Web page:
In interpreting differences in home readiness and discharge, it is critical to understand the factors influencing the interpretation of each outcome. “Home readiness” is the time when patients are ready to be discharged home as assessed by standardized methods such as the modified postanesthesia discharge scoring system, whereas “home discharge” is the actual time when the patient could leave the hospital. The latter is affected by many non-medical factors such as absence of an adult to accompany the patient home or waiting to meet the doctor before going home. Unfortunately, many authors have not made a distinction between these variables and it sometimes remains unclear which variable is actually being measured. Other factors such as duration and type of surgery and local hospital practices and routines may affect home discharge and may sometimes be more important than the choice of the anesthetic used. For instance, some hospitals use local anesthetics routinely into surgical wounds, which may reduce postoperative narcotic requirements, which in turn may affect discharge. Other hospitals require patients to empty their bladders before being considered home ready, which may also affect discharge times. Rapid early recovery may also be associated with a greater appreciation of pain in the early postoperative period, which increases postoperative analgesic requirement and thus delays recovery, a finding seen by Robinson et al. (56) in their meta-analysis of sevoflurane versus propofol. Recovery profiles can also be influenced by concomitant analgesics used preoperatively and the depth of anesthesia attained towards the end of the operation. For example, differences in recovery and home discharge have been found when using alfentanil or fentanyl as analgesics (57). Some authors have suggested that using BIS for depth of anesthesia monitoring may enhance recovery (4). However, using a standardized anesthetic regimen and strict discharge criteria, Ahmad et al. (58) showed that BIS monitoring does not have a significant effect on the ability to fast track outpatients. In addition, although more patients may be fast track eligible using desflurane or sevoflurane compared with propofol for maintenance of anesthesia (2), the number of patients who actually bypass the PACU is much smaller because of anesthetic-related factors such as residual sedation (34). All these confounding factors need to be considered when making a case for the use of a specific anesthetic for the maintenance of anesthesia in ambulatory surgical patients.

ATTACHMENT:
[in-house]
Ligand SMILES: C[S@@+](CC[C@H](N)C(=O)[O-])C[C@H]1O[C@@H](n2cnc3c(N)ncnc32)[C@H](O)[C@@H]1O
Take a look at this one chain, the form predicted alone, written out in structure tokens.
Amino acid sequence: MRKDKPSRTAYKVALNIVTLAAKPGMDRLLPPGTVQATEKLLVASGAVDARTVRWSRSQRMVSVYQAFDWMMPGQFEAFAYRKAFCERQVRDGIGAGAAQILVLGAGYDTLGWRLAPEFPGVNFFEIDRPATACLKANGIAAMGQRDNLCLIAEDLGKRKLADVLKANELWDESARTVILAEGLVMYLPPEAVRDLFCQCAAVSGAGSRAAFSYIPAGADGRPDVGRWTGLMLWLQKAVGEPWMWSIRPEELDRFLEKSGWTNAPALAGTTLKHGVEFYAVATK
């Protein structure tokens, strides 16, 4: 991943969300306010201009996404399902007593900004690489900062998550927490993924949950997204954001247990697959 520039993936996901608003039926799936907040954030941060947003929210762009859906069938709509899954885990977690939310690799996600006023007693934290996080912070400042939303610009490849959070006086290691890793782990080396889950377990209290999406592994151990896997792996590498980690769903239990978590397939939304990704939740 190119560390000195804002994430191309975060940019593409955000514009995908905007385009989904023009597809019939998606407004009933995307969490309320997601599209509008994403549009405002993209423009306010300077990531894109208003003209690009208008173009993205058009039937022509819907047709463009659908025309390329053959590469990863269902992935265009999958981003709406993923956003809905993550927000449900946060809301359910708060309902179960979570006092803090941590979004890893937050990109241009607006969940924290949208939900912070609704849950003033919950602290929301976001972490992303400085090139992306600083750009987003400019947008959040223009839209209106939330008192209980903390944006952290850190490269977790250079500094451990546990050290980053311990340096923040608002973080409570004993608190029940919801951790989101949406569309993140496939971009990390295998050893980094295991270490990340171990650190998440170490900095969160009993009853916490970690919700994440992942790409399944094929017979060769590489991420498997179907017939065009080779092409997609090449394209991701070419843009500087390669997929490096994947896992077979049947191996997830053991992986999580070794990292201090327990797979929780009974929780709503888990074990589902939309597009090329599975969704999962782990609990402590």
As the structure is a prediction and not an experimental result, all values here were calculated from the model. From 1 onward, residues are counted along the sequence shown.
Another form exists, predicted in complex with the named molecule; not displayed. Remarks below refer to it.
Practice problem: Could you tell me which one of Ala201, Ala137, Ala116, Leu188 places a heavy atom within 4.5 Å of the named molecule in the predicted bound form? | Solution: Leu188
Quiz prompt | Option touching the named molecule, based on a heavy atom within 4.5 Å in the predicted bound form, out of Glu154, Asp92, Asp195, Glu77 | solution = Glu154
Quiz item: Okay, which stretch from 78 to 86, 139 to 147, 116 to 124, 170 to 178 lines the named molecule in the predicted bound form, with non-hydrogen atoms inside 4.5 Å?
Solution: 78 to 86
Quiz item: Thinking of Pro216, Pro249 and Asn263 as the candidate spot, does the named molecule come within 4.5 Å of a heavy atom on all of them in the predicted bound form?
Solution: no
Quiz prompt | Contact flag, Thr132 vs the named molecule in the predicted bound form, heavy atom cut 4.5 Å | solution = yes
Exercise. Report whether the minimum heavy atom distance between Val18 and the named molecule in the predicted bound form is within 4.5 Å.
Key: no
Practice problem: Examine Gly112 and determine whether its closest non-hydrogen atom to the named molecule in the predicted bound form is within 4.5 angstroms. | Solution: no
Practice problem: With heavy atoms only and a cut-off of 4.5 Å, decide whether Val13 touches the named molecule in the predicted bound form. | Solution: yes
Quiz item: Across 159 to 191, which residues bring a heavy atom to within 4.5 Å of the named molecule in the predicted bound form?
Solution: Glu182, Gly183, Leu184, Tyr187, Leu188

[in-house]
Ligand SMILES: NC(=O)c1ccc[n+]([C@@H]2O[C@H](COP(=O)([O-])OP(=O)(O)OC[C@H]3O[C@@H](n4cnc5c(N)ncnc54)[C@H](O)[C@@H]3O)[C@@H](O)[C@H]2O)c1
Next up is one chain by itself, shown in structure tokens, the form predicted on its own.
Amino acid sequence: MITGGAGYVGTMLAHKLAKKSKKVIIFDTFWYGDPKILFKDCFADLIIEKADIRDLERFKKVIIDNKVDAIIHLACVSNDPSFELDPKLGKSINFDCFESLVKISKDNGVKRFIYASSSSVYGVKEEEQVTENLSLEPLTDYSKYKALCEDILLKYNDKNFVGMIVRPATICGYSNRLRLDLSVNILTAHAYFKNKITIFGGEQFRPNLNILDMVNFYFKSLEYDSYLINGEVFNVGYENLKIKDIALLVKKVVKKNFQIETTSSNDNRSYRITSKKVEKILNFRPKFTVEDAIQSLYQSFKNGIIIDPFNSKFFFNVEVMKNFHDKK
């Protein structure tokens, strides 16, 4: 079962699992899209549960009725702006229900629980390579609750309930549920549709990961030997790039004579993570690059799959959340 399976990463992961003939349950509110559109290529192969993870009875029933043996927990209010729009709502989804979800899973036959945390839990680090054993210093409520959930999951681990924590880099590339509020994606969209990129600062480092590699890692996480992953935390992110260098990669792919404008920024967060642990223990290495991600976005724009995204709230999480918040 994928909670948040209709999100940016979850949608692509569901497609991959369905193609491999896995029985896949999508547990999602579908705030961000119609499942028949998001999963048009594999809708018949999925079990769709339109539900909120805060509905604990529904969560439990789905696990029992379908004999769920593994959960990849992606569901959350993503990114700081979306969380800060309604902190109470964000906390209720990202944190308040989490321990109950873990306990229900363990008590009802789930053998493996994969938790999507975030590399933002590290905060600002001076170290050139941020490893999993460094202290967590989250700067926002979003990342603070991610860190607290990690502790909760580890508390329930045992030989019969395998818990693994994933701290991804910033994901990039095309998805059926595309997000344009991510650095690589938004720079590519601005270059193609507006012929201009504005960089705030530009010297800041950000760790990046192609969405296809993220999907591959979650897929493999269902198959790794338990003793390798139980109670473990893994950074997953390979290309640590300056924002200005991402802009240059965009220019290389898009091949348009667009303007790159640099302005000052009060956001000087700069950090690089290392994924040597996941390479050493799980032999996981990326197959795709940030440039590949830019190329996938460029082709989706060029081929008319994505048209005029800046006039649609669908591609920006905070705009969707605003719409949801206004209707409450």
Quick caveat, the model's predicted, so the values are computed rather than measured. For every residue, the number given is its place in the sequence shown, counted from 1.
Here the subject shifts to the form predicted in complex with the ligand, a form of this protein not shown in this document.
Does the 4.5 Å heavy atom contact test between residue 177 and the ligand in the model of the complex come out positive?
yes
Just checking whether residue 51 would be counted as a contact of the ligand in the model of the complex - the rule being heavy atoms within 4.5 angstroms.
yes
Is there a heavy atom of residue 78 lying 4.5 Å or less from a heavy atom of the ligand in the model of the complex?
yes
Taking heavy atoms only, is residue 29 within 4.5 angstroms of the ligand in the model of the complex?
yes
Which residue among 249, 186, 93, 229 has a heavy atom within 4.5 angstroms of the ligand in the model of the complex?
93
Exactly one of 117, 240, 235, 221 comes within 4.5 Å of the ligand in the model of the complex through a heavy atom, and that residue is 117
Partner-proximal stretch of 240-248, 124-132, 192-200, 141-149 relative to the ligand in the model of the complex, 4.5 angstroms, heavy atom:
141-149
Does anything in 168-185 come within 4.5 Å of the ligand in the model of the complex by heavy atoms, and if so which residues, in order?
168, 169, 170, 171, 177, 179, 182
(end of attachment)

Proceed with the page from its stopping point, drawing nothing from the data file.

Postoperative nausea and vomiting (PONV) were significantly more common with inhaled anesthetics compared with propofol, and the use of antiemetics was also more common with inhaled anesthetics. The incidence of PDNV was also less frequent with propofol compared with isoflurane but not desflurane or sevoflurane. Tramer et al. (59) in a meta-analysis found that maintenance of anesthesia with propofol is an advantage compared with other anesthetics when the incidence of complications is in the range of 20%–60%, with NNT of <5. The incidence of PON was 25%–38% in our present analysis, which would support the use of propofol infusion. However, the efficacy of propofol for reducing PONV was small compared with the inhaled anesthetics, which may question the use of propofol alone without antiemetic prophylaxis in patients at risk. Other than headache, which occurred with more frequency with isoflurane compared with propofol, and drowsiness, which occurred with a significantly more frequency with isoflurane compared with sevoflurane, no other significant differences were found in the incidence of postoperative complications.

There are a number of limitations in our meta-analysis. Although we conducted a thorough review of work published in the English language, there may be additional references not identified in our search strategies. Many authors did not state whether the patients studied were inpatients or outpatients. Whenever in doubt, we came to a consensus as to the study group. When authors had not specifically stated whether the data pertained to PON or POV, we decided to exclude these data from the analysis. This limits the number of patients studied, but we chose to report PDNV as distinct end-points. We included patients who were administered nitrous oxide was administered for maintenance in the IV anesthesia group because we believe that this is a common practice used in many studies. Excluding these studies would reduce the scope of this systematic review as well as limiting our findings to a very small and distinct population. Patients induced with inhaled anesthetic (e.g., desflurane and sevoflurane) were also excluded from our review, as this could affect the primary end-points. Finally, we only analyzed studies published in the English language, which can also be considered as a bias. Many authors publish “negative” findings in local (non-English language) journals (60), which would suggest that the differences found by us may be larger than the true differences among these anesthetics, which is further support that the overall differences between the inhaled anesthetics are probably very small.

In conclusion, the choice of anesthetic for maintenance of anesthesia should be guided by the training and experience of the individual physician, as well as the routines and equipment available in the hospital, because the specific anesthetic appears to play a minor role in outcome after ambulatory surgery.

We would like to thank the staff at the Welch Medical Library, Johns Hopkins Medical Institutions for the support in retrieving articles for the study. We would also like to thank the Olof Norlander Memorial Fund for financial support of this project.